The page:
We named our daughter Hadar. She was born on Shabbat of parashat Tzav which contains a small and precious passage detailing the garments with which Moshe adorns Aharon for his service at the Temple. The name Hadar shares a root with the word hiddur – beautification. In naming her Hadar we were invoking a blessing that she, like the women who spun, dyed and wove those sacred vestments, be forever engaged in the work of bringing beauty into the world. Furthermore, we were invoking the sensibility within Hadar, and within our family, of hiddur mitzvah – the beautification of a mitzvah (commandment).
This concept of beautifying a mitzvah traditionally refers to the objects of ritual practice, to the sacred objects through which we choreograph our Judaism—a sukkah, a lulav, a tallit, parchment, ink, quill, a mezzuzah, a chuppah etc. In my practice as both a studio and socially engaged conceptual artist, I am consistently examining and redefining the meaning of hiddur mitzvah. Over 25 years ago when my return to an engaged Jewish life was taking shape through artmaking and my studies at the intersection of Judaism and ecology, I was introduced to the song, Are My Hands Clean? by Sweet Honey and the Rock. The lyrics bring into focus the ethical and ecological dilemmas of the modern day production of a cotton shirt. The wisdom teachings of shmita can be found in this song’s narrative which asks —what are the ethical obligations of land and labor as we conduct business, both sacred and mundane?
Today in my artwork, Or Hadash | עור חדש, an art intervention into the contemporary practice of parchment making, I revisit these ethics, these shmita values, by asking: How does the Jewish community reconcile the par between the inhumane treatment of the animals upon whose backs we are literally writing, and the sacred Hebrew texts inscribed on these very skins? It is a question—and a contemporary art response—informed by the same problematic narrative touched upon all those years ago by Sweet Honey and the Rock.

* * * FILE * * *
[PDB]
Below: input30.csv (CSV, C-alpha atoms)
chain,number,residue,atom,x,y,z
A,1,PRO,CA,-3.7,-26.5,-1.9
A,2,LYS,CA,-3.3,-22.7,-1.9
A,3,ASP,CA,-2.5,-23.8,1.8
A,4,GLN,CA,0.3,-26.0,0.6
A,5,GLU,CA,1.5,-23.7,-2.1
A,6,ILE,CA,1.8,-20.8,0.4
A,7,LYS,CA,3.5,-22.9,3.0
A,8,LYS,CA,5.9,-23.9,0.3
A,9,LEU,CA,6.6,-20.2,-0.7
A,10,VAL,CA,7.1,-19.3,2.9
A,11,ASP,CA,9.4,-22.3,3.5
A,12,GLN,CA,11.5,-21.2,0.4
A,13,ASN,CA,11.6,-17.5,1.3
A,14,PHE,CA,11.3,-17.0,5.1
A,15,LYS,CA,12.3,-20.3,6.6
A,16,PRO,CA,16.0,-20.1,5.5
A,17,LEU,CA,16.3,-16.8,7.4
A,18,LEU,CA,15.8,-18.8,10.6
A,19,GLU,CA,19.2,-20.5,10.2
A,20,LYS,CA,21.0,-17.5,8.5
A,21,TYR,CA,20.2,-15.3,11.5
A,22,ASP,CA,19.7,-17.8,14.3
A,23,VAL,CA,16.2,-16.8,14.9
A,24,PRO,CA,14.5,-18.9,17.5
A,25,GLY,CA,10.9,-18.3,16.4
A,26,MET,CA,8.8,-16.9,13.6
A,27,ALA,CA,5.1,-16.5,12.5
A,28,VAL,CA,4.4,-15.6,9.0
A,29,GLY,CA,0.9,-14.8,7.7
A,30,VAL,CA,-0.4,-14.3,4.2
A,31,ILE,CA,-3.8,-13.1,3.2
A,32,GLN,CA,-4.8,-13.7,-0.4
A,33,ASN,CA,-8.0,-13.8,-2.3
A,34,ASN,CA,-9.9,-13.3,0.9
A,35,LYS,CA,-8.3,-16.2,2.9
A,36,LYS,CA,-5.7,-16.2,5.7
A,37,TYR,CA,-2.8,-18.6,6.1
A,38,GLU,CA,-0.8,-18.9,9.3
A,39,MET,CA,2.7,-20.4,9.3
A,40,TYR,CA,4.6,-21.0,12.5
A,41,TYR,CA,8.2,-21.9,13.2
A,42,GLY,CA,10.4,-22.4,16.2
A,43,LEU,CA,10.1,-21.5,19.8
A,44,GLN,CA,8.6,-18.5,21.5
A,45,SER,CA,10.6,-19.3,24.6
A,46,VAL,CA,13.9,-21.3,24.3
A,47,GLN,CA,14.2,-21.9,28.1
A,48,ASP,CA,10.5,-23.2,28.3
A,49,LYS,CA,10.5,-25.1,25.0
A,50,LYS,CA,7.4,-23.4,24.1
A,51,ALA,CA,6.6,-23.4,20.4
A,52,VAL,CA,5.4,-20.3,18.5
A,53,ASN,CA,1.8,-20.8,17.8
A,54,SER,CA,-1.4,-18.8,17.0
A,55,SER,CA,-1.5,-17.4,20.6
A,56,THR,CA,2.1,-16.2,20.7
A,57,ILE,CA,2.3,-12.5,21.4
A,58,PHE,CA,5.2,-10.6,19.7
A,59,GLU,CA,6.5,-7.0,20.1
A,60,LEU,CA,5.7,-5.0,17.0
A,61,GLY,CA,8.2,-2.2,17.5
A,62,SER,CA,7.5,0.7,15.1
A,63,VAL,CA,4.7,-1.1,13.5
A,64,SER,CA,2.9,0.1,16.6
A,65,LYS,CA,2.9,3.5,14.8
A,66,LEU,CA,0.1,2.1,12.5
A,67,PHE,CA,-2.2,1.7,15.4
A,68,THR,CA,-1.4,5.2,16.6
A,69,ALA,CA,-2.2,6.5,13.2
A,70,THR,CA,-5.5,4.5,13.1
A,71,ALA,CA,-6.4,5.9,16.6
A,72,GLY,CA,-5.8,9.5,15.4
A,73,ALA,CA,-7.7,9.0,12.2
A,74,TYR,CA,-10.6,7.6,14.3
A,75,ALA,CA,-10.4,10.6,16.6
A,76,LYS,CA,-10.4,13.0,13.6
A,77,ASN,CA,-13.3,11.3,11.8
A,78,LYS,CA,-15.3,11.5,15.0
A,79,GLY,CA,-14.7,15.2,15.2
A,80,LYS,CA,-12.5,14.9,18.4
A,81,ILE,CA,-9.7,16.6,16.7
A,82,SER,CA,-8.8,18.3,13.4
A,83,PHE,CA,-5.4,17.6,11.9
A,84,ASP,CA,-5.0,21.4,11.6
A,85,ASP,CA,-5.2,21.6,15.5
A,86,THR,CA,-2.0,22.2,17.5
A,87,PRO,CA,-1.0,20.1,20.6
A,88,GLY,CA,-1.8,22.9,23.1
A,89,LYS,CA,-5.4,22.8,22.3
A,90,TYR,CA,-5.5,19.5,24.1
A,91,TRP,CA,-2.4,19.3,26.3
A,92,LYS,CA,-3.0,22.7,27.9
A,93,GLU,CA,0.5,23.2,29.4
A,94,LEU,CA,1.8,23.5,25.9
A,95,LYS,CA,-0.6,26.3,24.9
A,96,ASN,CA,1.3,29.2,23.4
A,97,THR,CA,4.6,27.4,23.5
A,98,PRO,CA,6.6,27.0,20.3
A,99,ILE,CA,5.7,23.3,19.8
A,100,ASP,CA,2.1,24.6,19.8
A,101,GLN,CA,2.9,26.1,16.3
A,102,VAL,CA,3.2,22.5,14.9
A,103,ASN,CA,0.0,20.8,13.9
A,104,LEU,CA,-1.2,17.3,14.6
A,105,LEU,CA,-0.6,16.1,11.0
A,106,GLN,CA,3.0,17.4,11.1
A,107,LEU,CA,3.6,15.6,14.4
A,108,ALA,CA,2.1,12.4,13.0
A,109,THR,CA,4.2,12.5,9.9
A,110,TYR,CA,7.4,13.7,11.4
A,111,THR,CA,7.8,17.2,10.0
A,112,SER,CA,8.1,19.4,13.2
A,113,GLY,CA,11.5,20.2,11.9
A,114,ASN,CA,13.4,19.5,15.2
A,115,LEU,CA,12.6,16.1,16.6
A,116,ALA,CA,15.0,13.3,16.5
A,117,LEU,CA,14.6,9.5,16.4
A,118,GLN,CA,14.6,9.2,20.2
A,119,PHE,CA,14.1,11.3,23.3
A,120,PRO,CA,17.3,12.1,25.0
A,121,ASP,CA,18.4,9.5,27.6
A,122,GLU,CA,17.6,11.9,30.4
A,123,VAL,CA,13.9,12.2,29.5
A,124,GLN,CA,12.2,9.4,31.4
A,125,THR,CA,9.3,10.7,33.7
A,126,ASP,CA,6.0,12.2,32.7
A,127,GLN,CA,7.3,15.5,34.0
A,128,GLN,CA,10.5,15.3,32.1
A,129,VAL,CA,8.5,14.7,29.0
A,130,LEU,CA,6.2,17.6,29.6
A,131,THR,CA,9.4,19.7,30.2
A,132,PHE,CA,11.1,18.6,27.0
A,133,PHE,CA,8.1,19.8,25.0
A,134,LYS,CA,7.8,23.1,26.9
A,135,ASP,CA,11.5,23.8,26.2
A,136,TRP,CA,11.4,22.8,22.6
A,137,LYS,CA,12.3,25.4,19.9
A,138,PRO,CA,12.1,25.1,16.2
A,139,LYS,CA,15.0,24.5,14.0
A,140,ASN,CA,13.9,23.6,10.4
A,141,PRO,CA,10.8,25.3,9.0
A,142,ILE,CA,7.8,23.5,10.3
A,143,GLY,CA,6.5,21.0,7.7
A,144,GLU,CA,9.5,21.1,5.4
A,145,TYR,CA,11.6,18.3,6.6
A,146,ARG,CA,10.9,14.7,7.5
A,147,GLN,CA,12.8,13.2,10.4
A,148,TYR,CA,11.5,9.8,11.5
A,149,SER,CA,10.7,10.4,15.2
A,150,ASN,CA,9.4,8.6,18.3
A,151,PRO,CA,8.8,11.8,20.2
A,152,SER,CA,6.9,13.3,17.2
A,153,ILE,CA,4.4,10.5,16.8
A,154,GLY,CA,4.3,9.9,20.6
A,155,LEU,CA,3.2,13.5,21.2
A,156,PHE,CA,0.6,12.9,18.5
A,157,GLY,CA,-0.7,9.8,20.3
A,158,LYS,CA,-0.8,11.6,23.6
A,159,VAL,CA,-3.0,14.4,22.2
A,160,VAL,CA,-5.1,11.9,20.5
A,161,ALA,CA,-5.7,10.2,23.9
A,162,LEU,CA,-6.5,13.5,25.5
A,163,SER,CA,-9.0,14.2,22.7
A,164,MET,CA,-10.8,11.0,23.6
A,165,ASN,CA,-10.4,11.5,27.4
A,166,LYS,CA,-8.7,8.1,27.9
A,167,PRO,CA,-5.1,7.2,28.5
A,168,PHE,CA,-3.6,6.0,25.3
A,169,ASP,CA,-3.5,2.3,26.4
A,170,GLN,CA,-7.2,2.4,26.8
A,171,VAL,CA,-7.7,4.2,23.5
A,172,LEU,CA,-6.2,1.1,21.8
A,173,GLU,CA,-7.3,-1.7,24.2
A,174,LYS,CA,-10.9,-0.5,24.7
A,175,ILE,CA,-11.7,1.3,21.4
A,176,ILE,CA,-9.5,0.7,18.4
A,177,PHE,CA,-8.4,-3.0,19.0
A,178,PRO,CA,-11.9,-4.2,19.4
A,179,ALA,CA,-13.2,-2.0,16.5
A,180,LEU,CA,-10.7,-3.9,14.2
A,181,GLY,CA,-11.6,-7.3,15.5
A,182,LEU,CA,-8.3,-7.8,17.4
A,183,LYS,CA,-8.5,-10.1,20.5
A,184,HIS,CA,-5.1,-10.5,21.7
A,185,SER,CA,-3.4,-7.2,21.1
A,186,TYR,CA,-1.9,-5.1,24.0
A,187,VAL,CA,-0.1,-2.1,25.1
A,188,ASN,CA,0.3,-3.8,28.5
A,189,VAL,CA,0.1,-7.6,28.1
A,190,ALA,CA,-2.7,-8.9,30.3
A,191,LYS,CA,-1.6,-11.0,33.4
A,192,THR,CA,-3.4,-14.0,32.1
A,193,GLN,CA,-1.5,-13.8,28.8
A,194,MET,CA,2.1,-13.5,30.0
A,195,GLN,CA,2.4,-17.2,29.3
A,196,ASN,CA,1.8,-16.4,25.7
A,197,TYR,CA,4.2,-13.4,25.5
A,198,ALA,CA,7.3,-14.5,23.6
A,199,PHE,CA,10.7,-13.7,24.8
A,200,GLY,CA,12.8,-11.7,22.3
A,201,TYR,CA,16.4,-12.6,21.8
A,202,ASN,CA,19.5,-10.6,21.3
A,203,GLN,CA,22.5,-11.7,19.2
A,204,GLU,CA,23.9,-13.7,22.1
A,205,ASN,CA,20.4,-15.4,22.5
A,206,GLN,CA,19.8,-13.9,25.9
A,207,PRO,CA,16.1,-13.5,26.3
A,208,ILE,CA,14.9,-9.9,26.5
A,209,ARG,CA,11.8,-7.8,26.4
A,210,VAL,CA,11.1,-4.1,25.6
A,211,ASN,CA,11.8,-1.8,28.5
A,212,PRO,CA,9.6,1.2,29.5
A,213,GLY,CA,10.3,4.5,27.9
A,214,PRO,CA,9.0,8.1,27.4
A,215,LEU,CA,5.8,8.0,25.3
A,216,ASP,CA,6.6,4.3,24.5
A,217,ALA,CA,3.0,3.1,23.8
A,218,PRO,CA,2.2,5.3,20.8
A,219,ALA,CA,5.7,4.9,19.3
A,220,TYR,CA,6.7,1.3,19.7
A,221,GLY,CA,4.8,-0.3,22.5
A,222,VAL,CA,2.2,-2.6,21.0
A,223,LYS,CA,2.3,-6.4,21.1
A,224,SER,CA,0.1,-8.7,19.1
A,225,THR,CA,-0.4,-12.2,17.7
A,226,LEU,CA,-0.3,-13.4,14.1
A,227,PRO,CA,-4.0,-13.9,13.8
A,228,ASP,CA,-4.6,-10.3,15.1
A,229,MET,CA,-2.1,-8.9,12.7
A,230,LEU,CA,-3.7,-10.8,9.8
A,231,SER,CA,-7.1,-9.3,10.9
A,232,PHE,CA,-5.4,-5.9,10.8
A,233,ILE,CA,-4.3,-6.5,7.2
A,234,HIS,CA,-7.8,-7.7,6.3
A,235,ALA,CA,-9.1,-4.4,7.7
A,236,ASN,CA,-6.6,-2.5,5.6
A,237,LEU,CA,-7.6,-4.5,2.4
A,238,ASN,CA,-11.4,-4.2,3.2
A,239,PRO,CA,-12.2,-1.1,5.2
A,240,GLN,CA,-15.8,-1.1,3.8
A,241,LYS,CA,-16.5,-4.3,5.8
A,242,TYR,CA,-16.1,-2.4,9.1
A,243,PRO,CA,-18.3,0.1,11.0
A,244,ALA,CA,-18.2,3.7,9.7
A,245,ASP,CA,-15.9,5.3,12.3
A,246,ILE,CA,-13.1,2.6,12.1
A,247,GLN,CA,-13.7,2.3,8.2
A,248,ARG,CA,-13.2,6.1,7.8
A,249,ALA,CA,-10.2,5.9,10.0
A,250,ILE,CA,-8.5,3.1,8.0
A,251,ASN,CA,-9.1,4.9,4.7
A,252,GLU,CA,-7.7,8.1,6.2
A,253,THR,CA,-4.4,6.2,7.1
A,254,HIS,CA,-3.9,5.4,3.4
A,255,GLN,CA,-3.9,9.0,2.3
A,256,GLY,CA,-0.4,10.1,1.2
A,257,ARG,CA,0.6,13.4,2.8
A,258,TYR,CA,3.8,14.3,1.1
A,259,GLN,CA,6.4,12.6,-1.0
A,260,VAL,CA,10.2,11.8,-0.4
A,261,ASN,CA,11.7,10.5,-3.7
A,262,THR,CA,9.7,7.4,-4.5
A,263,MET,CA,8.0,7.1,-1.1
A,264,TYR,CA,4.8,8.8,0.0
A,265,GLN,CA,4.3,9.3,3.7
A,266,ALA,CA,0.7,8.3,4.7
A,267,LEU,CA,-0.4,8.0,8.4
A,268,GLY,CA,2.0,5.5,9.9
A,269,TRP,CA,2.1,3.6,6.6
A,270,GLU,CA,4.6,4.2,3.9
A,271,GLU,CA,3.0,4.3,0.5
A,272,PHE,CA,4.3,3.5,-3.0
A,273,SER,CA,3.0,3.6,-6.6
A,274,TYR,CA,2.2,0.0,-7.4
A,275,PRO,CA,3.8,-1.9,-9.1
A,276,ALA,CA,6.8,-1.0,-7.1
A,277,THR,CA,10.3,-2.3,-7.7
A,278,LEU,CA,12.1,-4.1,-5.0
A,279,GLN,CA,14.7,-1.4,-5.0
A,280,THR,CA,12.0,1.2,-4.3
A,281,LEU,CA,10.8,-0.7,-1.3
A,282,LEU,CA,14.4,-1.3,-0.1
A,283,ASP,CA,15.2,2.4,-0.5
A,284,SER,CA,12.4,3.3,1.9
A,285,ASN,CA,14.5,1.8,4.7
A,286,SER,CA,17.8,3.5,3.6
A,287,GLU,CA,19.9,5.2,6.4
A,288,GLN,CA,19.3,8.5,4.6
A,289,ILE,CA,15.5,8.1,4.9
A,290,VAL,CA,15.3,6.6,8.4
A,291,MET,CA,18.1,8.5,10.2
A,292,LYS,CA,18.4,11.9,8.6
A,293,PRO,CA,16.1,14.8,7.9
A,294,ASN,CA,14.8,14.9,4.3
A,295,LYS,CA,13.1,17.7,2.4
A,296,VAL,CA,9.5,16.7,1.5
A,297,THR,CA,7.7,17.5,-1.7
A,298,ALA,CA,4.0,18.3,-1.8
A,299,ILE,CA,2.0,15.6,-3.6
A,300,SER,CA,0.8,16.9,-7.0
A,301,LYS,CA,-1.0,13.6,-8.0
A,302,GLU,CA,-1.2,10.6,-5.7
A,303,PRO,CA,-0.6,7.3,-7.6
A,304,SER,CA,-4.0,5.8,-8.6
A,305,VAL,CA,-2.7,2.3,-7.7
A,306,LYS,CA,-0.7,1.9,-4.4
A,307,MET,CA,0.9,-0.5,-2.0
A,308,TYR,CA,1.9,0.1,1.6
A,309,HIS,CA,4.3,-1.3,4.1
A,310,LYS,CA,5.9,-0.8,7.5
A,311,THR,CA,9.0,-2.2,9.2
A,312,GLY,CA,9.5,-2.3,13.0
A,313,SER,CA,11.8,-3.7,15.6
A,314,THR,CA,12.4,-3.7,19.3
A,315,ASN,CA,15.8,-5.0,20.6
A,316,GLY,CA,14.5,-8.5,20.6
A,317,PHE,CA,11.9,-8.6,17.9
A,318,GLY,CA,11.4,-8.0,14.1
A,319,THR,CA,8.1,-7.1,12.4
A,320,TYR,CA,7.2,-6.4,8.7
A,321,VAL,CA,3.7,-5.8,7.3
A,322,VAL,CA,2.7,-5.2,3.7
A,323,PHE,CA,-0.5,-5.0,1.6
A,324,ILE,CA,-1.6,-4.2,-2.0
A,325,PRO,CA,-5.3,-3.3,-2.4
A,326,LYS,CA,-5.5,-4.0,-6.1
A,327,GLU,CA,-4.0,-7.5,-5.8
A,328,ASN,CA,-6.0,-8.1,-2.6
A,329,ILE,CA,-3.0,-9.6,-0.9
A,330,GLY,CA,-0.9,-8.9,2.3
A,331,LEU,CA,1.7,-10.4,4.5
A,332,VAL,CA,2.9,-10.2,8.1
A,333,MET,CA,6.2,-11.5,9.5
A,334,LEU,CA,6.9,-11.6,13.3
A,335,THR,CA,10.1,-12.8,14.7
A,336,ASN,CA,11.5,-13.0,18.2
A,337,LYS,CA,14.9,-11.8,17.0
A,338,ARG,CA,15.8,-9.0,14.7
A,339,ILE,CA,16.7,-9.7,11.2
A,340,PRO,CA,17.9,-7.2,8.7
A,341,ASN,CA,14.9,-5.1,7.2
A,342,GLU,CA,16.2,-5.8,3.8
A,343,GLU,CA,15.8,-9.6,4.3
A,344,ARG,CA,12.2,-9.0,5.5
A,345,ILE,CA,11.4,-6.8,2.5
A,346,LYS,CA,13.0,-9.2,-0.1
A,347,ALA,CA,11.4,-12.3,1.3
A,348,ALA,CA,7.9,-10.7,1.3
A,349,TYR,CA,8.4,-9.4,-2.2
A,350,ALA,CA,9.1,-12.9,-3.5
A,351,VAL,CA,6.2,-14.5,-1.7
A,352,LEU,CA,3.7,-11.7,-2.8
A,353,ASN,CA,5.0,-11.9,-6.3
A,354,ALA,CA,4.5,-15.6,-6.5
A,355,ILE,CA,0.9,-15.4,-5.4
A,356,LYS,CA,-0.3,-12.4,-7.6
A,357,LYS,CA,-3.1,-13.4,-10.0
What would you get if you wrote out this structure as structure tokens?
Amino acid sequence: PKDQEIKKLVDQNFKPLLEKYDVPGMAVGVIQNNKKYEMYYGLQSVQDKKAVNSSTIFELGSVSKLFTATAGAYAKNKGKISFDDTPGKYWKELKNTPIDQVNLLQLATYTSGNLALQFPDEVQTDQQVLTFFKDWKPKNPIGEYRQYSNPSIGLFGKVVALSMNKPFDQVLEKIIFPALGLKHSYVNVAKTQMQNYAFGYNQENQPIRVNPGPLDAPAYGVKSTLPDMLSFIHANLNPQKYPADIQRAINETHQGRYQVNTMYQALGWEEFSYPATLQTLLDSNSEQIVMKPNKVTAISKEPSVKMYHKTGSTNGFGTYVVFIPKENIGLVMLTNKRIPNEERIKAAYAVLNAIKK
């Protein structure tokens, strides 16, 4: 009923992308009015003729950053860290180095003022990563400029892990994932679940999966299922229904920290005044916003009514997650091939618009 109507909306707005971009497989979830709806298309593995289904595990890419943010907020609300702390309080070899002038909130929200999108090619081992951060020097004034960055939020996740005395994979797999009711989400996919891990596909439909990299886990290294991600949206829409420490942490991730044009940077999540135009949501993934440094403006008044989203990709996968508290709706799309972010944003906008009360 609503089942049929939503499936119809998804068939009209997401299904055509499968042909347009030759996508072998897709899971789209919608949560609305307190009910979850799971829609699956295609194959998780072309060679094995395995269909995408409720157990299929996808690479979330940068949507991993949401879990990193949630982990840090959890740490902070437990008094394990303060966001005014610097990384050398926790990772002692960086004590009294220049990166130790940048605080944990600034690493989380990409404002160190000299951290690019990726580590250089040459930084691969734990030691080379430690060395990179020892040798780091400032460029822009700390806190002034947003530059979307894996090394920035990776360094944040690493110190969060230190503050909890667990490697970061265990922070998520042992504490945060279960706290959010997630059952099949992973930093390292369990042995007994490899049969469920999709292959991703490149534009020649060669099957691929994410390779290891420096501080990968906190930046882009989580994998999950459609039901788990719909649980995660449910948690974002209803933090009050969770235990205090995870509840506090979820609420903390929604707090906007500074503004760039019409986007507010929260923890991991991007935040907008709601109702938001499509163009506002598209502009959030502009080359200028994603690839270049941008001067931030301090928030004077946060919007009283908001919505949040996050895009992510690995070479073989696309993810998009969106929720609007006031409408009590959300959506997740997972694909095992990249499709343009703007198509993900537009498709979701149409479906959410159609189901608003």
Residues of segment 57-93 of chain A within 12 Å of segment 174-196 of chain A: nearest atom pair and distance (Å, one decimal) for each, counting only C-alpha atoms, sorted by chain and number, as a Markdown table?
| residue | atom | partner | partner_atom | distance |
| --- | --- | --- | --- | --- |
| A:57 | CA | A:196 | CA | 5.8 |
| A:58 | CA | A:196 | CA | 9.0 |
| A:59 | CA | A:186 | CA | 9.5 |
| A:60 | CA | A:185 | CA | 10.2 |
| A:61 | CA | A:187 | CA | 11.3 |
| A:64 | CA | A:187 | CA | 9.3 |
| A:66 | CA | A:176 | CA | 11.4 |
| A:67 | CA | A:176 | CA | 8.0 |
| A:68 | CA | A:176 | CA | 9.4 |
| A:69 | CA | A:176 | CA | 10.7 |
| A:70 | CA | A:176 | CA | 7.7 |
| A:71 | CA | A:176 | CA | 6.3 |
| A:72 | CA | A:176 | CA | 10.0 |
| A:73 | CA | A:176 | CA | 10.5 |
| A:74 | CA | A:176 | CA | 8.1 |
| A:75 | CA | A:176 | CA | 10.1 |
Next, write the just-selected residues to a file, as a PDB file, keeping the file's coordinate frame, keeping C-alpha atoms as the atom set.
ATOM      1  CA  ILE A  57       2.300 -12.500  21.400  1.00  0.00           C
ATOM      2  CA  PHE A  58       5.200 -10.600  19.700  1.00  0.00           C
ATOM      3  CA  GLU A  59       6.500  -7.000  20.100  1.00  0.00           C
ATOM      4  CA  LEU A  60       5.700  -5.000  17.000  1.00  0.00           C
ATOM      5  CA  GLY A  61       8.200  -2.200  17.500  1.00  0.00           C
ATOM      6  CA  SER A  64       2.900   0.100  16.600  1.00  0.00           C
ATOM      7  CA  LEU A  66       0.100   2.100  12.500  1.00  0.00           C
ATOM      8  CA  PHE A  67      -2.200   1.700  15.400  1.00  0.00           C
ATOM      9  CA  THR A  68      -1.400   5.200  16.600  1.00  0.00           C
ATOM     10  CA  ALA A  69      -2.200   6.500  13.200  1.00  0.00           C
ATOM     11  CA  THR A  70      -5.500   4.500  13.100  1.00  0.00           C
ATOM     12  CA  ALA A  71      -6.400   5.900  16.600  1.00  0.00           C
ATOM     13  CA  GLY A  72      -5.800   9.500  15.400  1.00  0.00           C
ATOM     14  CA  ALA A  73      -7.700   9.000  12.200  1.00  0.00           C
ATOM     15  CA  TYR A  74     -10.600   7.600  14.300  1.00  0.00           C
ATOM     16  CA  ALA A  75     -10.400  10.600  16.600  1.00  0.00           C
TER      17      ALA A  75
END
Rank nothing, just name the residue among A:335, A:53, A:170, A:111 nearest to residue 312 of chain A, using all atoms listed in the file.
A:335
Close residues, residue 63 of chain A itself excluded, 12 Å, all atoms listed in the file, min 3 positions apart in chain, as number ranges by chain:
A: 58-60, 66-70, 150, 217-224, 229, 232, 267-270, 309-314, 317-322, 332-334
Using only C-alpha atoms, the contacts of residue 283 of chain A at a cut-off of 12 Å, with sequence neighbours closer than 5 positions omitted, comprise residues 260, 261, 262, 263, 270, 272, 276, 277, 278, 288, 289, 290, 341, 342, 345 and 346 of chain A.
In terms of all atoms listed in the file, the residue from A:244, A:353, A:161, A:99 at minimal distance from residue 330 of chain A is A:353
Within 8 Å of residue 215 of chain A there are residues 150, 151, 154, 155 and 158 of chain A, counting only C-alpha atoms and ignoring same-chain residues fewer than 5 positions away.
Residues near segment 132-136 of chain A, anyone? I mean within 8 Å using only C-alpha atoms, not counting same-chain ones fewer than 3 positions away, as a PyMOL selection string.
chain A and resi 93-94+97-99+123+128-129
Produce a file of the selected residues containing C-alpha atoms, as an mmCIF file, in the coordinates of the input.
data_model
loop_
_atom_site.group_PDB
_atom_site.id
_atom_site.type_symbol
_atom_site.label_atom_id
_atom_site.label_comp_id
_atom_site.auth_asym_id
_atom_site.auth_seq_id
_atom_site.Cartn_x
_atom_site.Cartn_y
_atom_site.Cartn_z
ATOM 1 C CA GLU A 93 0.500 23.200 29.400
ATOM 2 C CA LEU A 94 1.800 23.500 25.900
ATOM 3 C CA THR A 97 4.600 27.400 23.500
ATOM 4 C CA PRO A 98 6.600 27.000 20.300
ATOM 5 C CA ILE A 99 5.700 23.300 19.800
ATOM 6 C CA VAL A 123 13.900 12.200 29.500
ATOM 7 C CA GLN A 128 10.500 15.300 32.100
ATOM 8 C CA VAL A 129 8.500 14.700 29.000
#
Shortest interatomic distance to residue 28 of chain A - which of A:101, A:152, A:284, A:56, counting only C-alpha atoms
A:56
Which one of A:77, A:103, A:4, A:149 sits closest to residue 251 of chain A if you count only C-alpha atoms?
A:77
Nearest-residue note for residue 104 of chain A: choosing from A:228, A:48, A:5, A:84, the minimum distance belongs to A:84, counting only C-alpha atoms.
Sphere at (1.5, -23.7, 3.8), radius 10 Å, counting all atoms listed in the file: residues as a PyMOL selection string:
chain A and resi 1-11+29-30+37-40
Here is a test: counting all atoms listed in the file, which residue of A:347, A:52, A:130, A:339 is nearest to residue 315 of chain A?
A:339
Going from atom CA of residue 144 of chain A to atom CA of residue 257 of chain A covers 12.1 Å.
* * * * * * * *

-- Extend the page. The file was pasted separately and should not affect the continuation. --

The practice of hiddur mitzvah in today’s world must concern itself with questions around land and labor such as: From where is this material sourced? Who produced it? How was it produced? How was the person, land, or animal treated in production? What we know of the Biblical practices surrounding hiddur mitzvah, like the preparation of the clothing for the high priests, is that for the most part, the systems at large treated land, animal, and humans with honor. Beautifying through craft was practiced across communities of women, men, and children, and everyone understood and respected materials, participating in their sourcing and in their destiny. While we cannot return fully to such collective practices, we can work towards the full meaning and embrace an ethical manifestation of hiddur mitzvah in our contemporary times.
Everytime I say Hadar’s name, in a way I am invoking that notion of hiddur mitzvah, reminding myself that we are always only a pause away from shaping and reshaping the way we move toward beauty, toward elevating the mundane, in our Jewish lives.
Shoshana Gugenheim Kedem is the Project Director of the Shmita Prizes. She is recognized as an interdisciplinary artist, Torah scribe, curator and chutzpanit. Her scribal work inspired her international collaboration, Women of the Book. Today Shoshana’s work as a scribe manifests through her project, Or Hadash |חדש עור. Shoshana is the founding Artistic Director and Chief Curator of the Greensboro Contemporary Jewish Museum in Greensboro, NC and of The Gugenheim Portland situated in her family residence in the NE Portland, Oregon neighborhood where she lives with her human and animal tribe.
Shmita Friday is just one piece of a large conversation that has been ongoing for a long time! We’d love to hear what you think – post a comment below, join our facebook group, and start talking about shmita with your friends and family.